After these mutual endearments were somewhat over, Joseph proposes to his father and brethren, that he would go and acquaint the king with their arrival, which he was in gratitude obliged to do, since the king had sent for them; informing them at the same time, that he would acquaint him with their manner of life, which was in breeding and nourishing cattle, that if he should enquire of them what occupation they were bred to, they should answer accordingly; by which they would secure the land of Goshen for their use, where they might live and take care of their flocks and herds by themselves; for the Egyptians did so abominate shepherds, that they would never suffer them to live promiscuously amongst them.

Then Joseph, taking five of the most graceful persons of his brethren, went and acquainted Pharaoh that his father and family were arrived in Goshen; and presented the five he had brought with him to the king, who treated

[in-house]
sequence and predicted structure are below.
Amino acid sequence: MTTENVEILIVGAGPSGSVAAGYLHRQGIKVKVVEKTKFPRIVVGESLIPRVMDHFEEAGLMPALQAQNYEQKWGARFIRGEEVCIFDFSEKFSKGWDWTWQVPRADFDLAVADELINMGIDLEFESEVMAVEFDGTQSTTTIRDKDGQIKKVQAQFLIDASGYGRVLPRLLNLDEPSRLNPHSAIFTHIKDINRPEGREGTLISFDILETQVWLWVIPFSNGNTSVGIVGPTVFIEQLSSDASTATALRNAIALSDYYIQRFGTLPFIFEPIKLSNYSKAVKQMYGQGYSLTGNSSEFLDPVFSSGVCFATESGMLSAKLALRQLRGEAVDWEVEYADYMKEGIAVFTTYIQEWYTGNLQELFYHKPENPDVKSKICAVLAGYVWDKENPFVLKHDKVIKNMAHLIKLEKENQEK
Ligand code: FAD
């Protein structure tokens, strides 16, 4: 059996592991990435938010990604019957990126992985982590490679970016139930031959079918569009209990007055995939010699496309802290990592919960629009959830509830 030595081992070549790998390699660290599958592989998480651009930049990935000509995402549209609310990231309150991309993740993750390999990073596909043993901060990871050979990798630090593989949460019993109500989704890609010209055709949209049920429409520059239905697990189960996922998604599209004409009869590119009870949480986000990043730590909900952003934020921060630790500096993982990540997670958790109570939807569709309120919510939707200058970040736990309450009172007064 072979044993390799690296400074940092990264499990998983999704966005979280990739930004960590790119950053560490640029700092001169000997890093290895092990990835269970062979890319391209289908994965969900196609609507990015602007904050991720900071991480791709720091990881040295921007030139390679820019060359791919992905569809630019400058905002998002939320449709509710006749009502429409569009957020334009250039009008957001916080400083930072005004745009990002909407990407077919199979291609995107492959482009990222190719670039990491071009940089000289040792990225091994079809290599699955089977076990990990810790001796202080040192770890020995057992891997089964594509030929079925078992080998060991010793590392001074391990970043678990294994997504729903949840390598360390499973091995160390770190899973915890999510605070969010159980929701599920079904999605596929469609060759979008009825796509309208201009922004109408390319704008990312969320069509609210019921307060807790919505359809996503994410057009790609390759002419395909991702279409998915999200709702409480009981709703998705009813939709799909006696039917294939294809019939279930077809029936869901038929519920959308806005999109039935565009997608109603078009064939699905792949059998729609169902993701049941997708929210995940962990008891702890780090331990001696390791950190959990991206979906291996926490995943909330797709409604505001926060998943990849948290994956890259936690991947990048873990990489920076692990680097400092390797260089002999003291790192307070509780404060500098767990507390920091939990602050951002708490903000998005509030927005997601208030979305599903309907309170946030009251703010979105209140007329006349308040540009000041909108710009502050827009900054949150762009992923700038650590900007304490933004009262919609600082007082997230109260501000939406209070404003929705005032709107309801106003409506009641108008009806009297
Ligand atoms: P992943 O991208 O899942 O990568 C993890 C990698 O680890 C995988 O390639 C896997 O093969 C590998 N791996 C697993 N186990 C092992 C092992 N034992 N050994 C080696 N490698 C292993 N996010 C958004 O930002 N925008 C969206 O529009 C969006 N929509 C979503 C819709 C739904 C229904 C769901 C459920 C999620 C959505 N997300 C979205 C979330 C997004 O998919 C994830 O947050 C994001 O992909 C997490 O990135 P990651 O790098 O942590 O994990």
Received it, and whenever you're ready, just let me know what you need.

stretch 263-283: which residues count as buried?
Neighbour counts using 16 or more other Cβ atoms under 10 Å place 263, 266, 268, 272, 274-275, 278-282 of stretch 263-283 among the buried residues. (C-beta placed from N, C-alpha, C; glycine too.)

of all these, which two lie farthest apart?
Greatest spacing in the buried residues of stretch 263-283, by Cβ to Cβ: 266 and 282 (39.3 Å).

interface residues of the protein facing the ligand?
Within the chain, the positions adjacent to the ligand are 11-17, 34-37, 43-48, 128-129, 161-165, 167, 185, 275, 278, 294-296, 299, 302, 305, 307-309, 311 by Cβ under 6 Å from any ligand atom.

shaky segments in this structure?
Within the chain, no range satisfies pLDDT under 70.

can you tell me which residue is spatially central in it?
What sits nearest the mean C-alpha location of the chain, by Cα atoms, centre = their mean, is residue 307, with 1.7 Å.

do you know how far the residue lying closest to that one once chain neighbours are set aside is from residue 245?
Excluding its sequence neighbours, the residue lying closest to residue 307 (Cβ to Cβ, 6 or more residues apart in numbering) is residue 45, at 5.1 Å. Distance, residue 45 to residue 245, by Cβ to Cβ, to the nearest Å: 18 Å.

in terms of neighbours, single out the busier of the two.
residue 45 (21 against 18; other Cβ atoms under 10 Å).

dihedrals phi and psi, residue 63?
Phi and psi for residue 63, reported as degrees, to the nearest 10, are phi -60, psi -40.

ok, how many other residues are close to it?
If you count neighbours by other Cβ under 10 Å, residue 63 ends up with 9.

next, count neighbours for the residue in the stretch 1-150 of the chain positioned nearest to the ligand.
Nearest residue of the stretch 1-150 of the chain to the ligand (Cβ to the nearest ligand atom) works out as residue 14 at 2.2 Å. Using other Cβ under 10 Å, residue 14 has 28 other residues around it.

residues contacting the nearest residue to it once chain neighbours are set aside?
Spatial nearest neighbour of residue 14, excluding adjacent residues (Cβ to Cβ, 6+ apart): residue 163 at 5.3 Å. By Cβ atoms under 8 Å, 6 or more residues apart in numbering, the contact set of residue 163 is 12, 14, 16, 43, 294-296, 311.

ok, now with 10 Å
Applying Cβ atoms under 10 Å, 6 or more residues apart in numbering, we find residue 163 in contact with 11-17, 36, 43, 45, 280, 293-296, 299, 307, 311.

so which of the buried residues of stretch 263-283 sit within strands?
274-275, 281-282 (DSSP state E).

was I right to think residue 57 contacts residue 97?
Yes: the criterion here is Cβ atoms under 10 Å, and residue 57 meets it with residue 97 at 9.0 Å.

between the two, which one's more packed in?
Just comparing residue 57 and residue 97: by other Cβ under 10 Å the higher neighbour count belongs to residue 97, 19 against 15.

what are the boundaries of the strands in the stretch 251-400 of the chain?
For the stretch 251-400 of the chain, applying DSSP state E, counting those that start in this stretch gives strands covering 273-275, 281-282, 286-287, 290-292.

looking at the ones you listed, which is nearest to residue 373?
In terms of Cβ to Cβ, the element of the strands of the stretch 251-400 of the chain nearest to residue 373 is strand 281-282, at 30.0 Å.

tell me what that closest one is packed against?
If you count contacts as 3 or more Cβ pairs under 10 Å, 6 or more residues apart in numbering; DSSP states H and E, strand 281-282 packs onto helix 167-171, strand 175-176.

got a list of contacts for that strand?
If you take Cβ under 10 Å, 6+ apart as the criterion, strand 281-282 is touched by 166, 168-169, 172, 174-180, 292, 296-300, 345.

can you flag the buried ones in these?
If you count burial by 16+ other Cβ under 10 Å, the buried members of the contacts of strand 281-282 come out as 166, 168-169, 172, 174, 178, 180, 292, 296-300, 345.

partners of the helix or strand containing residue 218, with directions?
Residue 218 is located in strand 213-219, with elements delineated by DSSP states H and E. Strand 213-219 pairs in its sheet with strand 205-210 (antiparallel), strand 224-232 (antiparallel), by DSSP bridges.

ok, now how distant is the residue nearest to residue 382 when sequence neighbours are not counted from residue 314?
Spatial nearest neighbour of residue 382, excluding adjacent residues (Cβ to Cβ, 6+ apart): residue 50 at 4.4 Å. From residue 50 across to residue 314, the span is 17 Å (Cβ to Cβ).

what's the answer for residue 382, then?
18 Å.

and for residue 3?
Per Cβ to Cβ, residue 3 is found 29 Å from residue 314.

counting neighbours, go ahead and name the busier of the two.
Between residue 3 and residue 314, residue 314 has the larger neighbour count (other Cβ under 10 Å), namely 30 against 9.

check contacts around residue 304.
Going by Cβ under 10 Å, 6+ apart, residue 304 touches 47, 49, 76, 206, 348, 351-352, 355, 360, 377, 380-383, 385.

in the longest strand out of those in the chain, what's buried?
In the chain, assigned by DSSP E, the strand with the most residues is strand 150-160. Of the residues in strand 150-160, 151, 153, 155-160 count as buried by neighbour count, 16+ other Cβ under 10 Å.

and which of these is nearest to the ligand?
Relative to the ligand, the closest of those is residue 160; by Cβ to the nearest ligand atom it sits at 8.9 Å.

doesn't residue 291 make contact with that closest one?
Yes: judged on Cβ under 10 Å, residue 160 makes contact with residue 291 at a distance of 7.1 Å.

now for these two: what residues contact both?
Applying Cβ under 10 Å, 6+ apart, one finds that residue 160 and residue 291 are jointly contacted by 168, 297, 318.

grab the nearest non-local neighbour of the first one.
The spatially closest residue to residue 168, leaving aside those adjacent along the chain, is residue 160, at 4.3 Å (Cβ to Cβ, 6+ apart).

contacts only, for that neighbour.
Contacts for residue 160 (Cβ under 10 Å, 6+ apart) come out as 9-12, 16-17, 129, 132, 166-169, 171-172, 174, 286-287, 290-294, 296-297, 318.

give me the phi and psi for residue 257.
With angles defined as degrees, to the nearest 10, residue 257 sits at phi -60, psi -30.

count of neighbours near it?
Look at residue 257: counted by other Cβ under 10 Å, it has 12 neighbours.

in which, together with Jacob, his own offspring only, they that came of his loins, are comprehended, his son's wives being expressly excepted, v. 26. For which reason not only they who actually went into Egypt with him, but Joseph also, with his two sons Ephraim and Manasseh, although they were in Egypt before, are included in the number seventy; because they having sprung from Jacob's loins, and taking their original from the land of Canaan, lived as strangers in the land of Egypt, and therefore were justly to be reckoned as if they had entered Egypt with Jacob. There is a substantial reason also, why Hezron and Hamul, the two grandsons of Judah by Pharez, are put into that number, though they were born afterwards in Egypt, that they might supply the place of Judah's two sons Er and Onan, who were dead before. But St. Stephen in his oration doth not set forth Jacob's genealogy; but declares who they were that Joseph called out of the land of Canaan into Egypt: for he called more than sprang from Jacob's loins. There, in the first place, are to be omitted Judah's two grandsons Hezron and Hamul, and in the next place, Joseph and his two sons: Judah's two grandsons he could not call, because they were not yet born: himself and his sons he could not call, because they were in Egypt already. Those five therefore, and then Jacob, whom St. Stephen mentions by himself, being set aside, there remain of Moses's number seventy, only sixty-four, viz. the eleven brethren, one sister, Dinah, and fifty-two children of the brethren; to which add the eleven wives of the eleven brethren, whom Joseph must needs call together with their husbands, and which belonged to the kindred, you have all his kindred in three-score and fifteen souls."